The Root Interview: Sonny Rollins

As he prepares for a rare live concert, the living legend riffs on the nature of jazz, his spiritual concerns and why it's important for young people to embrace the music.


Many say that Sonny Rollins is the greatest living jazz musician, period. Nominating someone else for that title would be difficult, considering that since the late 1940s, he has been putting his signature on the epidermis of jazz, swingin’ with Bird (Charlie Parker), Miles Davis, Clifford Brown, Max Roach, Clark Terry, Roy Haynes, Thelonious Monk, Sonny Stitt, Art Blakey, Dizzy Gillespie and a plethora of other musical giants. By the late ’50s, he and John Coltrane were defining the trajectory of jazz tenor sax for the decades that followed.

The Root spoke with Rollins by telephone in late August.

The Root: You’re celebrating your 80th birthday with a concert at the Beacon Theatre in New York City on Sept. 10. Among the special guests are Roy Hargrove, Christian McBride and Jim Hall, with whom you played and recorded back in the early ’60s. Why these gentlemen?

Sonny Rollins: Roy Hargrove is one of my favorite young trumpet players who I believe is walking in the footsteps of his and our ancestors in the music. Christian McBride, as you know, is the extremely talented bassist who represents the top of the line today. And guitarist Jim Hall is a fine artist in the tradition.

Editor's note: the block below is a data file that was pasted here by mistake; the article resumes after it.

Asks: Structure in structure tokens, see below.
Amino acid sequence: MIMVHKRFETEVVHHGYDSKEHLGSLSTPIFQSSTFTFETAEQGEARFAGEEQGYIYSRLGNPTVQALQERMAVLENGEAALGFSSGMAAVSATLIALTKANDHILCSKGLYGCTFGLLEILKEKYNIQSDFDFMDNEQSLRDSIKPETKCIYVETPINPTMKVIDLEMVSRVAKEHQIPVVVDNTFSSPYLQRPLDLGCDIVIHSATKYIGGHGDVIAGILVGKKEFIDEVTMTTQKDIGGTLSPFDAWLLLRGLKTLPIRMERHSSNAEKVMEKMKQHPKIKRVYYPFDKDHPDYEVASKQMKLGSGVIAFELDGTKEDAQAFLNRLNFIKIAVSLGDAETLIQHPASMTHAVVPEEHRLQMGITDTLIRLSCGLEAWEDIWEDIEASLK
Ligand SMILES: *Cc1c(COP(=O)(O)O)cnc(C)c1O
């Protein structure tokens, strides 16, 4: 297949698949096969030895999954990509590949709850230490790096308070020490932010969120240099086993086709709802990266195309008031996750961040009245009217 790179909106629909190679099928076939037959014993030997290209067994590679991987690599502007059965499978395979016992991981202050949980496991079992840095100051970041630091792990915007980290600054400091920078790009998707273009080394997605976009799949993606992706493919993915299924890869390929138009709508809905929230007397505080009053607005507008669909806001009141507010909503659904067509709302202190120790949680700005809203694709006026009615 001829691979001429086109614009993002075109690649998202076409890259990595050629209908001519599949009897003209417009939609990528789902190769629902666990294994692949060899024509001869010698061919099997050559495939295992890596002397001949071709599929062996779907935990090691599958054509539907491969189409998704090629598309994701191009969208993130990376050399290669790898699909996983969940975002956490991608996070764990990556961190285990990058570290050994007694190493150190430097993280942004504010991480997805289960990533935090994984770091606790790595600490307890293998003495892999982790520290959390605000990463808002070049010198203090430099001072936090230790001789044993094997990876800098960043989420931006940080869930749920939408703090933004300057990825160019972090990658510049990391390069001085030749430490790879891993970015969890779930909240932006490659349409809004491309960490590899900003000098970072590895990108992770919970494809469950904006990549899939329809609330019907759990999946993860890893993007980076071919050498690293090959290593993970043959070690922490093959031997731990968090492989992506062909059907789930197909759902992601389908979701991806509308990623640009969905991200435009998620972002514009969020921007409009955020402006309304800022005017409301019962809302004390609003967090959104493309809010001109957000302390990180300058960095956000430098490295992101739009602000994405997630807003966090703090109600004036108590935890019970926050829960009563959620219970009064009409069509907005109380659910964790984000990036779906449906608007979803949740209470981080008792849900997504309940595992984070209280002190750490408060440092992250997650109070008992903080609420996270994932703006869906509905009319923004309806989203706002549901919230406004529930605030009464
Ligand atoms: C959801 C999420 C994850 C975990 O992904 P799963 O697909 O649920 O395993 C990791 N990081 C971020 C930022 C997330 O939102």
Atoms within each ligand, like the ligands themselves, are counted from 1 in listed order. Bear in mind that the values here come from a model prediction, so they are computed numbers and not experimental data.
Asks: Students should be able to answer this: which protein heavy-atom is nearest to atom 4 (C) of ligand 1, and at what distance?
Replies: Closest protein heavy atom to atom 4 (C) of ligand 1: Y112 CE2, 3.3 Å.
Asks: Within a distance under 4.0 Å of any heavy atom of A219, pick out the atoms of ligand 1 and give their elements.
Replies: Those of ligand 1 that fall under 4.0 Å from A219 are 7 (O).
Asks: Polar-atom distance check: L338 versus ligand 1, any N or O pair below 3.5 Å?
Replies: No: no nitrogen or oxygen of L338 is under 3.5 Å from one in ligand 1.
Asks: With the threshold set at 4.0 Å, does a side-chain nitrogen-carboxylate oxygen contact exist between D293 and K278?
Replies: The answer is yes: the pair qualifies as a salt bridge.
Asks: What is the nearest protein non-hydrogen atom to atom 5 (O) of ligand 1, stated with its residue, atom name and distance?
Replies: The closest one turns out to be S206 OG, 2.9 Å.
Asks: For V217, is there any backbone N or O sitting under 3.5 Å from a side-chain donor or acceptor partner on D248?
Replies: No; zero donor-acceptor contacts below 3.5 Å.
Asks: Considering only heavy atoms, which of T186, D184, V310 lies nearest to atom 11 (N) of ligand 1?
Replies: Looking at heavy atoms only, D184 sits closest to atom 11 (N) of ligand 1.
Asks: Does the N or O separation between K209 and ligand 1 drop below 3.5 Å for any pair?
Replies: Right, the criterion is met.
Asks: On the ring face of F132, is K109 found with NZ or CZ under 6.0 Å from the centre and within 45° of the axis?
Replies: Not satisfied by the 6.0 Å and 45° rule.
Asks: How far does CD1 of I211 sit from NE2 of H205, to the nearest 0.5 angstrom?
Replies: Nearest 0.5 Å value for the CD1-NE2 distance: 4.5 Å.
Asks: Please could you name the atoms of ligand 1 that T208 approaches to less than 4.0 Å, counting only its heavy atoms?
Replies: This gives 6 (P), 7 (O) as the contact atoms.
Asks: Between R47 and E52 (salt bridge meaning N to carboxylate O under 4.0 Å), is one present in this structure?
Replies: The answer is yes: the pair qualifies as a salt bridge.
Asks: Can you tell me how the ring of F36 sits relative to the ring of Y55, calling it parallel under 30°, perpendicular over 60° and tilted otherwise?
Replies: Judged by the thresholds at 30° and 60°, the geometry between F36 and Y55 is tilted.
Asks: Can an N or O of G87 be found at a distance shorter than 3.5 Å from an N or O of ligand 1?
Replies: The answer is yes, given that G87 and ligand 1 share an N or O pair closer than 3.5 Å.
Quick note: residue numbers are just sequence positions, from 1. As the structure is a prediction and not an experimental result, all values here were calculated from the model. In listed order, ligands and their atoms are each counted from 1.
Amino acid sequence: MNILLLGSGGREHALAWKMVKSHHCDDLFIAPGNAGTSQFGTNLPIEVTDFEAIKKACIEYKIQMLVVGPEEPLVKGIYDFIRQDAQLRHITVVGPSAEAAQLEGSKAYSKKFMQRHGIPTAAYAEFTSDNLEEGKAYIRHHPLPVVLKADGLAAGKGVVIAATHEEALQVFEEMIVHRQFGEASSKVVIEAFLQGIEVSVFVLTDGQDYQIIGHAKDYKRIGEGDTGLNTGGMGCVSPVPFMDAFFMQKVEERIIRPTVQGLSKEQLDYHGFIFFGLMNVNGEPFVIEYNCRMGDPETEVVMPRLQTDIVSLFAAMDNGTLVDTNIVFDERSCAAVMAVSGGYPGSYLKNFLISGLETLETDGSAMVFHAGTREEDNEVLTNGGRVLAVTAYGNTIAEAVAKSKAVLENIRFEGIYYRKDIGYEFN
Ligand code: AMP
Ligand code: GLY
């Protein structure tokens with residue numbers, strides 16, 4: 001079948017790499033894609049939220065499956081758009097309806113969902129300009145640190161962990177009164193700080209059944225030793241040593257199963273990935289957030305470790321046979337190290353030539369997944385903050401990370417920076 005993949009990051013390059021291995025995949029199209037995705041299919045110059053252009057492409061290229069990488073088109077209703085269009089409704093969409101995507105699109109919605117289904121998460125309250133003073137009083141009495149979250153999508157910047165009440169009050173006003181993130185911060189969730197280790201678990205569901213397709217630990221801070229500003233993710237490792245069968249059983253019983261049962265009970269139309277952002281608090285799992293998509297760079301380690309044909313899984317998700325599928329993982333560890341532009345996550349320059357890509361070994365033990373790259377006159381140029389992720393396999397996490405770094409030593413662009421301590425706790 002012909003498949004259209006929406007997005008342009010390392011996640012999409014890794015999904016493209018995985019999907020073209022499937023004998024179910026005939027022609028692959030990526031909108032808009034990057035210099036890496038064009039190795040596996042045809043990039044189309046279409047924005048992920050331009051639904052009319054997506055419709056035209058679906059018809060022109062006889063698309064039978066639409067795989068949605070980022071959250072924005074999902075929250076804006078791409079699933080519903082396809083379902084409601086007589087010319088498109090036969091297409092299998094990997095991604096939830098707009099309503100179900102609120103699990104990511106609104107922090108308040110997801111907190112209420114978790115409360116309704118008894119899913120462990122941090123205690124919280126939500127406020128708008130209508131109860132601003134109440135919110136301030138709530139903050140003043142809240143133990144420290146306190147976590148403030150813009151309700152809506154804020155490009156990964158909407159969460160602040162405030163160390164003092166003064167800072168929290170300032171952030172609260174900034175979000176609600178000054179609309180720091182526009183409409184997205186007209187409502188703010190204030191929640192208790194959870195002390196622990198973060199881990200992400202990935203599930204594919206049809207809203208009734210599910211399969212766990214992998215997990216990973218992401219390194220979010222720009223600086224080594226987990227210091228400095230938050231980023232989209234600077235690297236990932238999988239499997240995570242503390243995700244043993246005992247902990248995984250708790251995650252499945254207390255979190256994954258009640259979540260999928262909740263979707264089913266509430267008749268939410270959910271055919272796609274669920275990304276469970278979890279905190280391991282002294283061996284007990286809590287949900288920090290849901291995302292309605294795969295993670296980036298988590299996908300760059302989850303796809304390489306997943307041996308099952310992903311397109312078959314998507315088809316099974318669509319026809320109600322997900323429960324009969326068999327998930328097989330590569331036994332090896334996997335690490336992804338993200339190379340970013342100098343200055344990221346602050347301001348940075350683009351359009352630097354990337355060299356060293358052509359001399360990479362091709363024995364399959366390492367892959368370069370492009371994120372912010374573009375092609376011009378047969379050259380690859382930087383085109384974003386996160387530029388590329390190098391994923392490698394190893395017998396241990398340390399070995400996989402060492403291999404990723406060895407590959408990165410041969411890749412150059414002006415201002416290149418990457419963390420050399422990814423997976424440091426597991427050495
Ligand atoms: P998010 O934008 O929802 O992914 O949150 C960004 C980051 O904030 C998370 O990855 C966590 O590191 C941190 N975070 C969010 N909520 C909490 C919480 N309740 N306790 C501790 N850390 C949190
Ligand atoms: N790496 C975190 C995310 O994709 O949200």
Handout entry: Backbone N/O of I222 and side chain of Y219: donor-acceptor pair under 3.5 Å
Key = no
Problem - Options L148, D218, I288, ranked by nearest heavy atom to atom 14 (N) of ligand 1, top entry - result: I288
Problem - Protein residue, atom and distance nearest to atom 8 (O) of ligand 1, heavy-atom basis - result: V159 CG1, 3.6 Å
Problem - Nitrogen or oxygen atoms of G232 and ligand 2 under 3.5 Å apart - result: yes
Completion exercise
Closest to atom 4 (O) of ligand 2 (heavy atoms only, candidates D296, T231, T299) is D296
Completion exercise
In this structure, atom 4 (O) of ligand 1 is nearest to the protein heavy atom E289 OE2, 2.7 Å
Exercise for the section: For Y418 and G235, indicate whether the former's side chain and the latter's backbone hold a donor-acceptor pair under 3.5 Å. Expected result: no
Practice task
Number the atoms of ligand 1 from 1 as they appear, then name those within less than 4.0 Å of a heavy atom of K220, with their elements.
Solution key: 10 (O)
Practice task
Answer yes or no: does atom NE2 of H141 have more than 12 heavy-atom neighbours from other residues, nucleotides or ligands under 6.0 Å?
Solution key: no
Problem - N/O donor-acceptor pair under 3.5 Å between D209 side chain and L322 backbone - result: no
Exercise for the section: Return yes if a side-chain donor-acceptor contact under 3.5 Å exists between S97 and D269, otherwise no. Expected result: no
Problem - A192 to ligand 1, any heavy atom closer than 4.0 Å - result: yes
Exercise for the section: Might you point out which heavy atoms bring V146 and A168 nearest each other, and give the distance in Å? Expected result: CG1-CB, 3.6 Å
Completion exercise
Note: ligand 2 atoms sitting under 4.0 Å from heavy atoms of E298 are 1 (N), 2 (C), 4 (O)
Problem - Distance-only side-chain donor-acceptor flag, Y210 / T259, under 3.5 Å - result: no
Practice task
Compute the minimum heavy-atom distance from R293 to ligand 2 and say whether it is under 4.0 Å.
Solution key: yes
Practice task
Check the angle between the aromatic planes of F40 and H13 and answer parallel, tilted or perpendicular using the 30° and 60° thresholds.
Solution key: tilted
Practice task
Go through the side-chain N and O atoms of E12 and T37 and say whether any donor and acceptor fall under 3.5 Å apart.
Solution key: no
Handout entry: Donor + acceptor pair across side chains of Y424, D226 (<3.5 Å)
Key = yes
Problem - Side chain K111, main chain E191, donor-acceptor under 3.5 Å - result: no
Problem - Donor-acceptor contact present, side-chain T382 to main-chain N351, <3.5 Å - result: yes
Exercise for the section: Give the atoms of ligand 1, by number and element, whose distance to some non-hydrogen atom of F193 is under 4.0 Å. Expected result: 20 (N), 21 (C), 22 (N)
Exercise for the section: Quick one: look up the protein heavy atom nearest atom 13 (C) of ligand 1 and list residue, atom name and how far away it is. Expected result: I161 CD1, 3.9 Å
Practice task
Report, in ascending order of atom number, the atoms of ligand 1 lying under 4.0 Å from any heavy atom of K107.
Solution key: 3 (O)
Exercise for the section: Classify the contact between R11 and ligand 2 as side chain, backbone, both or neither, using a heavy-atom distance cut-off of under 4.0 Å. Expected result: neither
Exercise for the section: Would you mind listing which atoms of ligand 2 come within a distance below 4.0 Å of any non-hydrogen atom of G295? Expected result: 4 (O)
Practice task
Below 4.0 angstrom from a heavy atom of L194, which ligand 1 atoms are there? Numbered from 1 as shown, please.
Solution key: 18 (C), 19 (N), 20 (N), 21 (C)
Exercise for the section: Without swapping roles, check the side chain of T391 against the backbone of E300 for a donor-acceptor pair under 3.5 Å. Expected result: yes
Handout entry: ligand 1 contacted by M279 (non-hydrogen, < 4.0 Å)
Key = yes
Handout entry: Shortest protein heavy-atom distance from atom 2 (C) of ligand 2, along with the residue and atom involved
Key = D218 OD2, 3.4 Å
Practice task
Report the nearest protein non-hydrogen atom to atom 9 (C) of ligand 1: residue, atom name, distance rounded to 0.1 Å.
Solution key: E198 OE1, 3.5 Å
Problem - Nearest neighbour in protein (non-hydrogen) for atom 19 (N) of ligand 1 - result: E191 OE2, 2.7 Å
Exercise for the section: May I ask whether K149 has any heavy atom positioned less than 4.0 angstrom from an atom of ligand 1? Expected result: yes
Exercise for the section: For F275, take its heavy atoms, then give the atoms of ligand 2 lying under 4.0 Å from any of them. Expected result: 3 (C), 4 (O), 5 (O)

TR: My daughter Kaya is 14 years old. For her generation, what would you say is the importance of learning about and listening to jazz?

SR: We have to understand [that] we are Americans. Therefore we’re always under pressure to represent ourselves. I don’t care what kind of civil rights — a black president, black secretary [of state], doesn’t mean anything — we’re always a minority group in America. See? As such, what we have to validate ourselves is our history, our culture, what we have done over here, where we are citizens!

But besides that, they have to understand the cultural aspects of jazz. See, this is something that allowed us, allowed her, allowed you, allowed me, to be proud of something, man. See?

Some might say, oh, gee, I’m young and I’m gonna go with the style of my peers. OK. That’s fine. You know, I like all music. I’m educated enough to appreciate all kinds — hip-hop, everything. I like all of it.

But the point is that she has to understand that jazz is the umbrella for all the other black musics [in the U.S.].